...BeeCause, there are other areas of reproduction that are of importance...

redhead

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While we argue about the reproductive choices available to humans, there is another species whose reproductive abilities have been considered limited through the excessive use of pesticides.

EU member states voted by qualified majority for a permanent ban on the outdoor use of three types of “neonicotinoid” pesticides after an assessment by the European Food Safety Authority confirmed in February the risk they posed to bees. The move was supported by Ireland and the UK.
https://www.irishtimes.com/news/environment/eu-members-back-ban-on-insecticides-to-protect-honey-bees-1.3476679?mode=amp

According to the EC bees "contribute at least 22 billion EUR each year to the European agriculture industry"and ensure pollination for over 80% of crops and wild plants in Europe."

https://ec.europa.eu/food/animals/live_animals/bees_en

This is particularly relevant to Ireland given that:

"Economic activity in the agricultural and food sector produces a far bigger return than equivalent activity in other traded sectors of the economy. That is because agri-food companies source 74% of raw materials and services from Irish suppliers, compared to 43% for all manufacturing companies."
Source:Teagasc

However, while some quarters have welcomed it, others are concerned with the potential for more hazardous replacements being developed, as well as balancing the need for protecting crops from being damaged by other insects and parasites.

A decade ago the rapid disappearance of Honey Bees in the US was given the name Colony Collapse Disorder. With no identifiable single cause, it was attributed in part to pesticides and in part to parasites.

While the kind of pesticides now banned in Europe have been considered by some the culprit, it has not been conclusively proved.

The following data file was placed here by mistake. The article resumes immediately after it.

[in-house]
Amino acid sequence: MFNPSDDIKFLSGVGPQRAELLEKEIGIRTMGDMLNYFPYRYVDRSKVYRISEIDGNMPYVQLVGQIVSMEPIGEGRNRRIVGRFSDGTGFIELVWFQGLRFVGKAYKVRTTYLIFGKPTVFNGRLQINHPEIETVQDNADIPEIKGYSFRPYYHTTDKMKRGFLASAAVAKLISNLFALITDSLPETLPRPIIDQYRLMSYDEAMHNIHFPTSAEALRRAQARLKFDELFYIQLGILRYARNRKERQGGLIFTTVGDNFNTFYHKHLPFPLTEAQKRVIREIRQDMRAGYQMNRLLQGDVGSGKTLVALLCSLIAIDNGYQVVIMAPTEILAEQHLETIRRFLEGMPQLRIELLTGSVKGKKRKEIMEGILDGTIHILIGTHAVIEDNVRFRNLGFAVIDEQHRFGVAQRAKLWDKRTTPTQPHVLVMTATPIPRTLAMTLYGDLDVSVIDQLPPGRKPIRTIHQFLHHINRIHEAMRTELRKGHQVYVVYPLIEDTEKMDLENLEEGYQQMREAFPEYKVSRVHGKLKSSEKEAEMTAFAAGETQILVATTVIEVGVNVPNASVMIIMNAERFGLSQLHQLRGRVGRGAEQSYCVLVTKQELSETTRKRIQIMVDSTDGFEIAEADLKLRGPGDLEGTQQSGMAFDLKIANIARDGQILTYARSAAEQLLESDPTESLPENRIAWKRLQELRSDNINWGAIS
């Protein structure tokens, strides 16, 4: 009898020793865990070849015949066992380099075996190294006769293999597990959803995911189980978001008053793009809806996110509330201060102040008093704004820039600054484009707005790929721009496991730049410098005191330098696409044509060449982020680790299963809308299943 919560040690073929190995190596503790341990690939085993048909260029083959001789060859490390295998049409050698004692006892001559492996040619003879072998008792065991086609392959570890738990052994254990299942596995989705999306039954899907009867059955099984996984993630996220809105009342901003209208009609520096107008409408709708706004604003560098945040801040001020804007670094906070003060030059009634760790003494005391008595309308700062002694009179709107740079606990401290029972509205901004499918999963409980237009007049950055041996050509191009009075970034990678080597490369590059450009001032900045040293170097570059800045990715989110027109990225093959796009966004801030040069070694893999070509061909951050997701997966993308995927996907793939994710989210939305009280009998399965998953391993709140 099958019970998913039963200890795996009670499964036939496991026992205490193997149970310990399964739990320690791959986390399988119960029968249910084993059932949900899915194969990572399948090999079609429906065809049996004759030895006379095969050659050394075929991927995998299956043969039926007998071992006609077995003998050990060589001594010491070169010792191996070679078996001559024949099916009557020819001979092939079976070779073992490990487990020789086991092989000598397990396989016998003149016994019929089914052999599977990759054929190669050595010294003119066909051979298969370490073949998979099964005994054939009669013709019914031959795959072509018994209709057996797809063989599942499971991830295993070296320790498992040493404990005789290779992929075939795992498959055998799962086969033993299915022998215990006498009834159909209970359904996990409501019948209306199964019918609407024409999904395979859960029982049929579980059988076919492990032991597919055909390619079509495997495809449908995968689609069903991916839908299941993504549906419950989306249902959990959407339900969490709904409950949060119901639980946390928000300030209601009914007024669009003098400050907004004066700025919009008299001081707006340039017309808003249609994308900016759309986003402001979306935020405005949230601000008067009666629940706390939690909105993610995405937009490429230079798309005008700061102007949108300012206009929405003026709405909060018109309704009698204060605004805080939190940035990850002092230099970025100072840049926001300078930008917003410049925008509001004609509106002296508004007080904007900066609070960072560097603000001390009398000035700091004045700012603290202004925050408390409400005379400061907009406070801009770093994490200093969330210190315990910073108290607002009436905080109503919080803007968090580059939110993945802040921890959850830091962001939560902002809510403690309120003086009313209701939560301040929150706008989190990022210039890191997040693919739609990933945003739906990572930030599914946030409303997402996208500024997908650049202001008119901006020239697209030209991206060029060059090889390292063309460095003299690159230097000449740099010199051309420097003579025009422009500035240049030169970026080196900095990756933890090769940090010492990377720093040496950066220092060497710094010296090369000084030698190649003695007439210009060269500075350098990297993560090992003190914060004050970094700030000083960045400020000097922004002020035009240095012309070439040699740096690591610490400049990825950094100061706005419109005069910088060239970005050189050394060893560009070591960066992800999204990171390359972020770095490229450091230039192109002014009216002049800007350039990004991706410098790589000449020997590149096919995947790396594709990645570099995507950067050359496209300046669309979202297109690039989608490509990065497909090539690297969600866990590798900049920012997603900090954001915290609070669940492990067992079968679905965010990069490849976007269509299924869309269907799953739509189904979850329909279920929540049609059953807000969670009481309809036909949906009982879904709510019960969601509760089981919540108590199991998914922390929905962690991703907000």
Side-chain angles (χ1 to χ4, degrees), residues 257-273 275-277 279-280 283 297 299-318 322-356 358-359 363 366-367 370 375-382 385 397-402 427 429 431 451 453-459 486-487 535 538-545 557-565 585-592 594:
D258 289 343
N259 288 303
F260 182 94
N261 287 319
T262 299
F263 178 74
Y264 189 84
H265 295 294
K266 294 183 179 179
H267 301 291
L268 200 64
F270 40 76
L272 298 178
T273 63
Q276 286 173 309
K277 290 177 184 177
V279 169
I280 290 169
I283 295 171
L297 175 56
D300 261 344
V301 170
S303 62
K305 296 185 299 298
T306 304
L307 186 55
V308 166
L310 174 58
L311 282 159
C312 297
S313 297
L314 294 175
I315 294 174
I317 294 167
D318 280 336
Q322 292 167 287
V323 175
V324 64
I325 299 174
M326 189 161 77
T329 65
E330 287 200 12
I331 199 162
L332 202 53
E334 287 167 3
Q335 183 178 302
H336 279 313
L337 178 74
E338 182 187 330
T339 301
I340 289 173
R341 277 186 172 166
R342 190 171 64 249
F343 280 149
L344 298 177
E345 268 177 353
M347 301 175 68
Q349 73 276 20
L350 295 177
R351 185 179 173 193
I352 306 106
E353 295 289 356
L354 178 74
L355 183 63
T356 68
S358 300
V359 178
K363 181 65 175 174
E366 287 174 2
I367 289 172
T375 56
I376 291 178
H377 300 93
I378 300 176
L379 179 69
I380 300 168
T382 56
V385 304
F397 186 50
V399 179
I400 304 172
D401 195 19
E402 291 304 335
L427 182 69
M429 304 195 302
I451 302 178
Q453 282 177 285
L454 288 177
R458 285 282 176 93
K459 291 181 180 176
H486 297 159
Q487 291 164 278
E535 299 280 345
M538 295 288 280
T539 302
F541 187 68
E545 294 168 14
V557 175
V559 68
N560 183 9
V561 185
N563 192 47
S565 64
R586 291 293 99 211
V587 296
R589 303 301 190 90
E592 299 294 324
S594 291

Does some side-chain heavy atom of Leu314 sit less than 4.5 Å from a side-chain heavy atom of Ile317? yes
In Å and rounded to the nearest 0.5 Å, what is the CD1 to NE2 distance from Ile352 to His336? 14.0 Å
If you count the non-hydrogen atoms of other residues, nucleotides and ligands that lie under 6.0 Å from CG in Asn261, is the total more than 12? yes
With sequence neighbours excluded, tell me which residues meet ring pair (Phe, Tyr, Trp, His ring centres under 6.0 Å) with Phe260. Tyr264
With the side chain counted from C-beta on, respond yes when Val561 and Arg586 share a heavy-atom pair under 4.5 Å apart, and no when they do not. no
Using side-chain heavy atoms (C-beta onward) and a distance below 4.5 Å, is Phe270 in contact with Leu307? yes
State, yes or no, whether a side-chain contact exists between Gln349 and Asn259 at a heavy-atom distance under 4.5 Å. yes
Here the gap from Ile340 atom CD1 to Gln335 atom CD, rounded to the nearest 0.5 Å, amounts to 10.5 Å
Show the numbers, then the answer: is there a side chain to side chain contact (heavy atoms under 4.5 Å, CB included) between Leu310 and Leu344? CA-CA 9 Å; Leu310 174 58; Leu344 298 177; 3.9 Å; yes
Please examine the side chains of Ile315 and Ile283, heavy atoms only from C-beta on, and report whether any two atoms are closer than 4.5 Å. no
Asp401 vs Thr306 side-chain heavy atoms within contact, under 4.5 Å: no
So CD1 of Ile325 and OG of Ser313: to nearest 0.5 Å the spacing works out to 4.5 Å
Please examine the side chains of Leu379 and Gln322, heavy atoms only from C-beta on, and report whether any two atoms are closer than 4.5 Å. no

So have Europe got this one right?

More about Neonicotinoids and Colony Collapse Disorder:

https://www.ncbi.nlm.nih.gov/pmc/articles/PMC3034041/

https://www.scientificamerican.com/article/saving-the-honeybee/

A worldwide survey of neonicotinoids in honey | Science
 


John Scotus

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Huh?

You're trying to shoehorn an abortion angle into the bees and pesticides debate?

Roll on May 26th.
 

redhead

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Huh?

You're trying to shoehorn an abortion angle into the bees and pesticides debate?

Roll on May 26th.
There is no angle, trying to distract from it actually.
 

O'Quisling

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Good thread.

It's to the detriment of our species (nevermind our civilisation) if humanity does not change the Productivist mindset that shapes our relationship with the rest of the environment.

The consequences of a total collapse of bees are simply unfathomable.
 

Mitsui2

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So have Europe got this one right?
On the whole, we'd better hope so!

The consequences for life on the planet of the complete loss of bees is about as catastrophic as it gets.
 

Mitsui2

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The consequences of a total collapse of bees are simply unfathomable.
Ultimately they are; but even in the short term they're fathomable enough to scare the sh1te out of any sensible human being!
 

John Scotus

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Fair enough

Anyway, I've my own few colonies to be checking on
 

redhead

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On the whole, we'd better hope so!

The consequences for life on the planet of the complete loss of bees is about as catastrophic as it gets.
It is a very serious issue, particularly in terms of pollination.

The biggest concern IMO is what will be the replacement for the three banned substances and how closely this will be monitored by regulatory bodies.
 

O'Quisling

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So have Europe got this one right?
The EU is not a homogeneous entity. It's not all good and it's not all bad. There is no denying that the bulk of legislation on the Irish statute books concerning environmental issues came from the EU. And that is a good thing.

Ultimately the much needed changes in our everyday lives have to come from everyone of us. There are limits to enforcing legislation to safeguard our heritage - built and natural. There are competing ideologies at work within the EU - privatisation of former household waste services runs against any long-term efforts at sustainability.
 

redhead

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The EU is not a homogeneous entity. It's not all good and it's not all bad. There is no denying that the bulk of legislation on the Irish statute books concerning environmental issues came from the EU. And that is a good thing.